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Often patients experience many years of recurrent infections before they are appropriately diagnosed medicine hat mall generic 4mg ondansetron amex. Some primary immunodeciencies are caused by a problem with a single gene; others are caused by defects in multiple genes. There can be a clear inheritance pattern, such as with those immunodeciencies that are x-linked diseases; for other diseases the inheritance pattern is less clear. It is believed that some primary immunodeciencies develop over time and may be the result of a combination of genetic and environmental factors. Similarly, there can be tremendous phenotypic and immunologic variability among individuals with the same diagnosis. I M M U N E D E F I C I E N C Y F O U N D A T I O N | 5 Many patients with primary immunodeciencies have signicant co-morbidities. For example, a patient with recurrent pneumonias may have irreversible lung damage (bronchiectasis) because of the infections. It is also known that patients with primary immunodeciency diseases may have a predisposition to autoimmune diseases including such problems as autoimmune cytopenias, inammatory bowel disease or rheumatoid arthritis. Sometimes the immunodeciency is diagnosed after a presentation of autoimmune disease. Some immunodecient patients may also have a greater risk for lymphoreticular cancers, such as lymphocytic leukemias, multiple myeloma or lymphomas, compared to that risk in the general population. Patients with antibody disorders are the largest group of people with primary immunodeciencies. These include patients with selective IgA deciency, by far the most common primary immunodeciency disease; patients with hypogammaglobulinemia and impaired antibody responses; and patients with combined B and T cell problems. For some of these diagnoses, but not all, immunoglobulin replacement therapy is the standard of care. This therapy provides antibodies from thousands of plasma donors to those who do not have and/or cannot make protective levels of antibody. The use of immunoglobulin as replacement therapy for primary immunodeciency was described by Dr. Bruton treated a boy diagnosed with X-linked agammaglobulinemia with subcutaneous injections of immunoglobulin from immunocompetent human plasma donors. These injections were painful, and the maximum doses that could be given were limited because of the volumes involved. I M M U N E D E F I C I E N C Y F O U N D A T I O N | 7 All immunoglobulin preparations currently available in the U. They contain IgG antibodies against a broad spectrum of vaccine antigens and infectious agents. Immunoglobulin (Ig) therapy is indicated as replacement therapy for primary and secondary immunodeciencies in those patients who do not make sufcient amounts of specic antibodies to adequately protect themselves from infectious diseases and those whose antibodies do not function correctly or those people with poor immunologic memory. Examples of secondary immunodeciencies include hypogammaglobulinemia caused by chemotherapy or monoclonal antibody therapy, as well as immunosuppressive therapies. In addition to antibody replacement, immunoglobulin also has anti-inammatory and/or immunomodulatory effects. As such, it is sometimes used to treat patients with a variety of conditions other than primary immunodeciency diseases. Thousands of carefully screened and tested donors provide plasma for a single lot of product. It is produced via a multifaceted manufacturing process designed to remove and/or inactivate bacterial and viral pathogens. These processes vary from manufacturer to manufacturer but include such steps as cold alcohol fractionation, low pH incubation, nanoltration, chromatography and solvent/detergent treatment. Products vary in concentration, pH, stabilizing agents, osmolarity and osmolality, as well as sugar and sodium content. There is variability in administration factors as well, including the form of the drug (lyophilized or liquid), shelf life, approved means of administration (intravenous and/or subcutaneous) and prescribed infusion time. All of these factors need to be carefully considered when choosing a product for a particular patient. Refrigerated products should be allowed to warm to room temperature before administration, as adverse effects can be associated with the administration of products that are too cold. It is possible for these products to be prepared at more than one concentration depending on the amount of diluent added. Nurses may be asked to reconstitute lyophilized products in the home or the infusion clinic. Stabilizers Stabilizers include different sugars and/or amino acids that are added to immunoglobulin products to stabilize the IgG molecules and prevent them from aggregating. For example, products containing glucose should be used cautiously in patients with diabetes. Similarly, some sucrose containing lyophilized products have been implicated in causing or exacerbating renal disease. If a patient has an absence of IgA they may have anti IgA antibodies, then that patient could be at risk for anaphylaxis. Unfortunately, there is no commercial assay available for measuring IgE antibodies to anti-IgA. Fortunately, antibody decient patients are seldom able to mount IgE responses, so this is not a widely prevalent problem. The rst infusion should always be administered in a controlled setting where emergency treatment can be administered immediately should problems occur. If the infusion is tolerated, the patient is not likely to have subsequent problems with IgA containing products. Product Integrity All products should be carefully inspected before administration. The packaging should be inspected for tampering as should the vials and their closures. Any evidence of tampering should be reported to the supplier and/or manufacturer and the product should not be used. Reconstituted and liquid products should not be given if there is particulate matter, precipitate crystals or bers in it. For the most part, immunoglobulin should be clear although there can be a slight amount of cloudiness at times. If the nurse or patient has any doubts at all about the integrity of the product at all, it should not be administered. I Any problems the patient experienced during the infusion and what the response to these problems was. Communication of potential issues and problems so that they can be proactively addressed is critical. The following are broad guidelines for nursing interventions prior to, during and after administration of immunoglobulin replacement therapy. These guidelines are offered to help infusion nurses minimize problems and adverse effects, and safely provide a successful infusion experience for the patient. Key Pre-infusion Assessments I Assess that the immunoglobulin product ordered is appropriate for the patient. It is important to be aware of the differences between the various products available. As previously discussed, the qualities of a particular product may affect the tolerability and success of an infusion.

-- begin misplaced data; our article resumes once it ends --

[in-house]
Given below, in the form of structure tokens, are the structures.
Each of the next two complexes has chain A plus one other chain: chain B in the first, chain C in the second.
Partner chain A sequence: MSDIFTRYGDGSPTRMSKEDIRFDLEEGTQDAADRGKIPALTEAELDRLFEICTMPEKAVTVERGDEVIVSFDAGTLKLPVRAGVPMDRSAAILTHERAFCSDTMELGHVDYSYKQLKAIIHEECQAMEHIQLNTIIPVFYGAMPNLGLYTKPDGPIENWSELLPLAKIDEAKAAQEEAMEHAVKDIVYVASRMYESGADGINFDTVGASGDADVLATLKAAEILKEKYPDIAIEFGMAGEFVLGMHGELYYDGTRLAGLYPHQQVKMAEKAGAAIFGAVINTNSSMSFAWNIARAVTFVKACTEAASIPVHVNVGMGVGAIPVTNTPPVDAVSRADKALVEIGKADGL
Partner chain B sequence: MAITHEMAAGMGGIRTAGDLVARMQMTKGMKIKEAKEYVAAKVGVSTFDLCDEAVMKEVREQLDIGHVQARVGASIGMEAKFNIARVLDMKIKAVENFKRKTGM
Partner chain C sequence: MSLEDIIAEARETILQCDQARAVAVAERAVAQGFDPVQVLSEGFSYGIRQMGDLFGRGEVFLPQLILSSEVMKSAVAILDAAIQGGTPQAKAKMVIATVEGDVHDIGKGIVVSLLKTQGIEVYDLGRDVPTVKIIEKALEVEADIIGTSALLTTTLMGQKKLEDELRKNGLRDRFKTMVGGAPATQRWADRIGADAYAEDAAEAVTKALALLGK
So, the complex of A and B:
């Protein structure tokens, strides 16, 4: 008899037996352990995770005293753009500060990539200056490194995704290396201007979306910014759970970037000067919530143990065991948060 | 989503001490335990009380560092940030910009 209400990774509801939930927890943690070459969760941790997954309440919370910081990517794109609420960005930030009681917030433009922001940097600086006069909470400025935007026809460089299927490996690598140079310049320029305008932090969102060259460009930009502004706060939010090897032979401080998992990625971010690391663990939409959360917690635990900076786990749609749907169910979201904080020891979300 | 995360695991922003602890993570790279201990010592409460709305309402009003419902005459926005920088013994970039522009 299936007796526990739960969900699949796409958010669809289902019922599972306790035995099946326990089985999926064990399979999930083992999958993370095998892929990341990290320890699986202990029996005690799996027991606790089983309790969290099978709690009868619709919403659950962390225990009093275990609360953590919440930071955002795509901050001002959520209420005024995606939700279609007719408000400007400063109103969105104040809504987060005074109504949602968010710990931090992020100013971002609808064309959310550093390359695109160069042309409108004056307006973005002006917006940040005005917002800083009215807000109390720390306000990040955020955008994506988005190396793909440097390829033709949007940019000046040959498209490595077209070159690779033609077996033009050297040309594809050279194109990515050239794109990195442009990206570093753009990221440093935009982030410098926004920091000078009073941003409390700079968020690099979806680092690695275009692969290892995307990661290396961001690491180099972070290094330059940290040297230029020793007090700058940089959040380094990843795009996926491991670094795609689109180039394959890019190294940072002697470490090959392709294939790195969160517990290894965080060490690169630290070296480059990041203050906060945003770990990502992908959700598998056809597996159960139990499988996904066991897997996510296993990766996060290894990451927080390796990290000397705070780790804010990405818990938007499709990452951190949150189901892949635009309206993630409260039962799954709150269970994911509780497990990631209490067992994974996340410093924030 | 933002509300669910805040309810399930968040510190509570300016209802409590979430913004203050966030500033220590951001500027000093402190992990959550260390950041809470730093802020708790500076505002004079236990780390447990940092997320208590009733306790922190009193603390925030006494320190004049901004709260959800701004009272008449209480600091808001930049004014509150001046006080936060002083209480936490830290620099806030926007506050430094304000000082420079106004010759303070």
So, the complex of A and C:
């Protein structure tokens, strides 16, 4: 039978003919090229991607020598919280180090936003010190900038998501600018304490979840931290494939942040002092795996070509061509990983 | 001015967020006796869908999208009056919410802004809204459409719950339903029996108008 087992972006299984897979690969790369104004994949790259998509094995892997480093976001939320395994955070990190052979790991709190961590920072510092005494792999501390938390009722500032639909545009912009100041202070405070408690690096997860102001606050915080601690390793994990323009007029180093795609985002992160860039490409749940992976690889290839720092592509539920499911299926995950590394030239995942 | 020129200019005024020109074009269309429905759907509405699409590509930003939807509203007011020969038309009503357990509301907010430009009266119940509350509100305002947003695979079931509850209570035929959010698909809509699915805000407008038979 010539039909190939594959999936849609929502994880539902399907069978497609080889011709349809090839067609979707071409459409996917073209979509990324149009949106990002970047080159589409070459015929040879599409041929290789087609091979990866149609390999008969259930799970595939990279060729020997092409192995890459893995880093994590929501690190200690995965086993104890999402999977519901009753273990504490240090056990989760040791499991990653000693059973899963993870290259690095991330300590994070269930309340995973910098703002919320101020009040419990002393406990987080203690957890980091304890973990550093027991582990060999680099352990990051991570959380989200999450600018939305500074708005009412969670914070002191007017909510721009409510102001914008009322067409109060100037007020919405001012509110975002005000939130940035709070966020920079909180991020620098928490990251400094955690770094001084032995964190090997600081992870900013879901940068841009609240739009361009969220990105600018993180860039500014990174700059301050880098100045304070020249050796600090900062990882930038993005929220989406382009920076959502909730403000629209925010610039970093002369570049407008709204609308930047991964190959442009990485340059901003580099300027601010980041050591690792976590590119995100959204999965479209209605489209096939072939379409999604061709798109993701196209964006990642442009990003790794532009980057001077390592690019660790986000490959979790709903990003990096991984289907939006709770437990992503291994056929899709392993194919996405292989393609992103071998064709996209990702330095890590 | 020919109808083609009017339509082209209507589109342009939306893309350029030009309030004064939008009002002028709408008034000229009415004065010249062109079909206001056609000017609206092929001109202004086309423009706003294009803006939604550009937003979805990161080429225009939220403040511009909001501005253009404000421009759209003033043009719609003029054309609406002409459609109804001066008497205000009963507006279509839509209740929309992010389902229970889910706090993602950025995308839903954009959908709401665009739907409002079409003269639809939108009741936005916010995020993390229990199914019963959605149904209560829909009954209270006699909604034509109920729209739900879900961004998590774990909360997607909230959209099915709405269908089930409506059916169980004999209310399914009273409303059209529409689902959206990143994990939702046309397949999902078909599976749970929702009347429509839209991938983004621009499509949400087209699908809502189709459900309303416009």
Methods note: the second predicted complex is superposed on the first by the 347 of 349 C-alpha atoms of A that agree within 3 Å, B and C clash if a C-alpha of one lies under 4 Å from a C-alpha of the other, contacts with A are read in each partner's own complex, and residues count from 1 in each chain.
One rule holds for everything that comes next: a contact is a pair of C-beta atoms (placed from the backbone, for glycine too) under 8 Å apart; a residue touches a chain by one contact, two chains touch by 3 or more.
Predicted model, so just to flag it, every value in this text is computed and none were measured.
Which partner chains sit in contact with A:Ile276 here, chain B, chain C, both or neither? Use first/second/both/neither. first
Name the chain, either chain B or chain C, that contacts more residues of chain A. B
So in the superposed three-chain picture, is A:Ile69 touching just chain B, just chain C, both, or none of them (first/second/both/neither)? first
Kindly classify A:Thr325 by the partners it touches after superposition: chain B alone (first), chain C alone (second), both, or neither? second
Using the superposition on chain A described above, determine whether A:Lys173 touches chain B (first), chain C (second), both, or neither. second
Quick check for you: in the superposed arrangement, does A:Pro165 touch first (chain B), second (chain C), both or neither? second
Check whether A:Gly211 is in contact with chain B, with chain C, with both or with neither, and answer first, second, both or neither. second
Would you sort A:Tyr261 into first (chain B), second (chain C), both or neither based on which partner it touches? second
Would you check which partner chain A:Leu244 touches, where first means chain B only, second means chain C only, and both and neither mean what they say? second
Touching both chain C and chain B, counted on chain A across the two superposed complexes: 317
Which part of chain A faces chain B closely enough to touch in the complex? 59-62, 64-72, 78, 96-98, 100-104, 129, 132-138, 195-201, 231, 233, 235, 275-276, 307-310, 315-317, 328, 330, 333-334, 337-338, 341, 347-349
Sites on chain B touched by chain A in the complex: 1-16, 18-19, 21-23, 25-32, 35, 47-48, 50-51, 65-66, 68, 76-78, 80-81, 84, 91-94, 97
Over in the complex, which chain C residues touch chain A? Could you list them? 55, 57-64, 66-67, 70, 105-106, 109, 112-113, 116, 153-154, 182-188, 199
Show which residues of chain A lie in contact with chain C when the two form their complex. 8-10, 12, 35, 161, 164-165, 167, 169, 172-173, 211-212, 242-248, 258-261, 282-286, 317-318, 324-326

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Cases of milk-alkali syndrome have been reported with long-standing calcium intakes in the range of 2 to treatment 3rd degree hemorrhoids discount ondansetron 8 mg mastercard 2. These observations seem to indicate that the harmful calcium dose can be lower than 3 g/day if taken together with alkali. In conclusion, on the basis of the available evidence, a calcium dose which by itself might cause milk alkali syndrome cannot be identified. Kidney stones the quantitative relationship between calcium intake, both from the diet and from supplements, and hypercalciuria as a risk factor for nephrolithiasis is far from clear. From epidemiologic studies it appears that dietary calcium intakes in the range of recent recommendations have a favourable effect in the prevention of kidney stone formation and that lower intakes increase the risk (Curhan et al, 1993 and 1997; Sowers et al, 1998). The influence of a controlled diet for 3 days (1000 mg calcium, 100 mmol sodium, 32. Calcium excretion was less strongly correlated with calcium intake, sodium intake, phosphorus intake, carbohydrate and protein intake. From the regression equation derived from these investigations (Burtis et al, 1994) hypercalciuria in men would be associated with a calcium intake of 2243 mg/day and in women with a calcium intake of 1422 mg/day assuming a moderate sodium excretion of 100 mmol/day. The validity of these calculated predictions has never been systematically investigated in hypercalciuric subjects. From the available data no conclusion is possible on a detrimental calcium dose in individuals with idiopathic hypercalciuria (up to 6% of the population). From the study in patients with kidney stones and idiopathic hypercalciuria it can be deduced that a sodium restricted diet with a normal recommended calcium content of 1200 mg/day does not raise urinary calcium excretion but reduces it (Borghi et al, 2002). Hypercalciuria which is a risk factor for kidney stone formation has been observed in three of 50 infants receiving 1200 mg of supplemental calcium/day (Dalton et al, 1997) and in postmenopausal women during 4 years of taking calcium supplements of 1600 mg six times as often as in unsupplemented women (Riggs et al, 1996). In conclusion, both observational studies on the relationship between total calcium intake and kidney stone incidence and interventional studies with calcium supplements do not allow definition of a calcium intake on a population basis which promotes kidney stone formation. On dietary calcium intakes in the range of the recommended dietary intake the risk of nephrolithiasis is determined by other dietary components and by genetic factors. Interaction with minerals the studies of acute effects of single calcium supplements at various doses and from various sources on iron and zinc absorption (Spencer et al, 1984; Hallberg et al, 1991) cannot be converted into general statements on a dose dependent negative effect of total daily dietary calcium intake, because the timing of the supplement and other interfering factors of the diet have to be taken into account. Observational epidemiological studies on the influence of dietary calcium intake in different populations and age groups on parameters of iron status do not allow the identification of threshold values of calcium intake that lead to reductions in these parameters (Lynch, 2000). Intervention studies with calcium supplements up to 1200 mg/day in addition to dietary intakes between 280 and 1100 mg/day did not show adverse effects on iron status (Lynch, 2000). Negative interactions of calcium intakes in excess of 2000 mg/day that have been reported for iron, phosphorus, magnesium and zinc would be a problem only when these are ingested in inadequate amounts (Whiting and Wood, 1997). In conclusion, single-dose experiments demonstrate interference of both dietary and supplemental calcium with the absorption of other minerals. This effect is not demonstrable in long-term observational and interventional studies at dietary calcium intakes in the range of recommended intakes and at supplemental calcium of up to 2000 mg/day in adults and up to 1200 mg/day in one study with infants (Dalton et al, 1997). The decrease of serum zinc levels in 10 healthy adults after two weeks of a total calcium intake of 3000 mg/day (Raschke and Jahreis, 2002) is of insufficient power to consider it as a systematic effect. The cross-sectional study in seven countries which shows a dose dependent effect of calcium intake from dairy products on serum ferritin levels in young women did not define a threshold dose of calcium intake (van de Vijver et al, 1999). Cytogenetic effects the data are insufficient to allow conclusions to be drawn from the available studies. Because of the abundance of data the application of an uncertainty factor was considered unnecessary. Pregnancy and lactation Large placebo controlled intervention studies for preventive purposes with supplemental calcium carbonate of up to 2000 mg calcium in addition to the calcium intake from the diet (>400 mg/day) have been conducted in more than 3000 pregnant women and no adverse effects have been reported. Children and adolescents Six percent of 50 infants who received a calcium-enriched formula after the third month of life (1700 to 1560 mg calcium per day after 4 and 9 months, respectively), developed hypercalciuria (Dalton et al, 1997). No adverse effects of calcium citrate-malate supplements (500 to 1000 mg calcium over 1. For calcium deposition in bone during the growth period proportionality to lean body mass cannot be assumed. In the Netherlands with a traditionally high consumption of milk products the 95 percentile of calcium intake without supplements is 2100 mg per day in young men between 16 to 22 years old (Hulshof and Kruizinga, 1999). In Germany the mean calcium intake of male subjects between 15 and 24 years old is 2100 mg/day (Heseker et al, 1994), but some 10% of adolescents consume more than 2100 mg per day (Alexy and Kersting, 1999). In Dutch children the 95 percentile of calcium intake in boys and girls between one and 4 years of age is around 1300 mg/day, it is between 1400 and 1700 mg/day in boys and girls 4 to 13 years of age (Hulshof and Kruizinga, 1999). The 90 percentile of calcium intake of 750 German children participating in a longitudinal observational study was 800 to 1000 mg/day between age one and 2 years, 700 to 900 mg/day between age 4 to 6 years and 1000 to 1600 mg/day between age 7 to 14 years (Alexy and Kersting, 1999). These calcium intakes are quite similar to the calcium intakes of 1100 to 1900 mg/day supplied in intervention trials with children between 6 and 14 years of age which studied the effect on bone mineral mass and bone density (Johnston et al, 1992; Lloyd et al, 1993; Chan et al, 1995; Bonjour et al, 1997). In German non breast-fed infants the 90th percentile of calcium intake was 700 to 900 mg/day (Alexy and Kersting, 1999). Absorption of calcium, zinc and iron from breast milk by 5 to 7-month-old infants. Vitamin D receptor gene Fok 1 polymorphism predicts calcium absorption and bone mineral density in children. Effects of high compared with low calcium intake on calcium absorption and incorporation of iron by red blood cells in small children. Milk-alkali syndrome associated with calcium carbonate consumption: report of 7 patients with parathyroid hormone levels and an estimate of prevalence among patients hospitalized with hypercalcemia. Dietary lead and calcium: effects on blood pressure and renal neoplasia in Wistar rats. Dietary calcium modifies concentrations of lead and other metals and renal calbindin in rats. Gain in bone mineral mass in prepubertal girls 3-5 years after discontinuation of calcium supplementation: a follow-up study. Calcium-enriched foods and bone mass growth in prepubertal girls: a randomized, double-blind, placebo-controlled trial. Borghi L, Schianchi T, Meschi T, Guerra A, Allegri F, Maggiore U, Novarini A (2002). Comparison of two diets for the prevention of recurrent stones in idiopathic hypercalciuria. Effect of calcium supplementation on pregnancy-induced hypertension and preeclampsia. Raised parathyroid hormone levels in the milk-alkali syndrome: an appropriate response Increased skeletal uptake of Tc-99m methylene diphosphonate in milk-alkali syndrome. Dermal, intestinal, and renal obligatory losses of calcium: relation to skeletal calcium loss. A prospective study of dietary calcium and other nutrients and the risk of symptomatic kidney stones. Comparison of dietary calcium with supplemental calcium and other nutrients as factors affecting the risk for kidney stones in women. Calcium and phosphorus supplementation of iron-fortified infant formula: no effect on iron status of healthy full-term infants. Calcium intake influences the association of protein intake with rates of bone loss in elderly men and women. Hypercalcemia and alkalosis due to the milk-alkali syndrome: case report and review. Severe metabolic alkalosis due to baking soda ingestion: Case reports of two patients with unsuspected antacid overdose. Dietary Refernce Intakes for Calcium, Phosphorus, Magnesium, Vitamin D, and Fluoride. Calcium paradox disease: Calcium deficiency prompting secondary hyperparathyroidism and cellular calcium overlod. Mineral utilization by rats fed various commercially available calcium supplements or milk. Calcium: effect on different amounts on nonheme and heme-iron absorption in humans.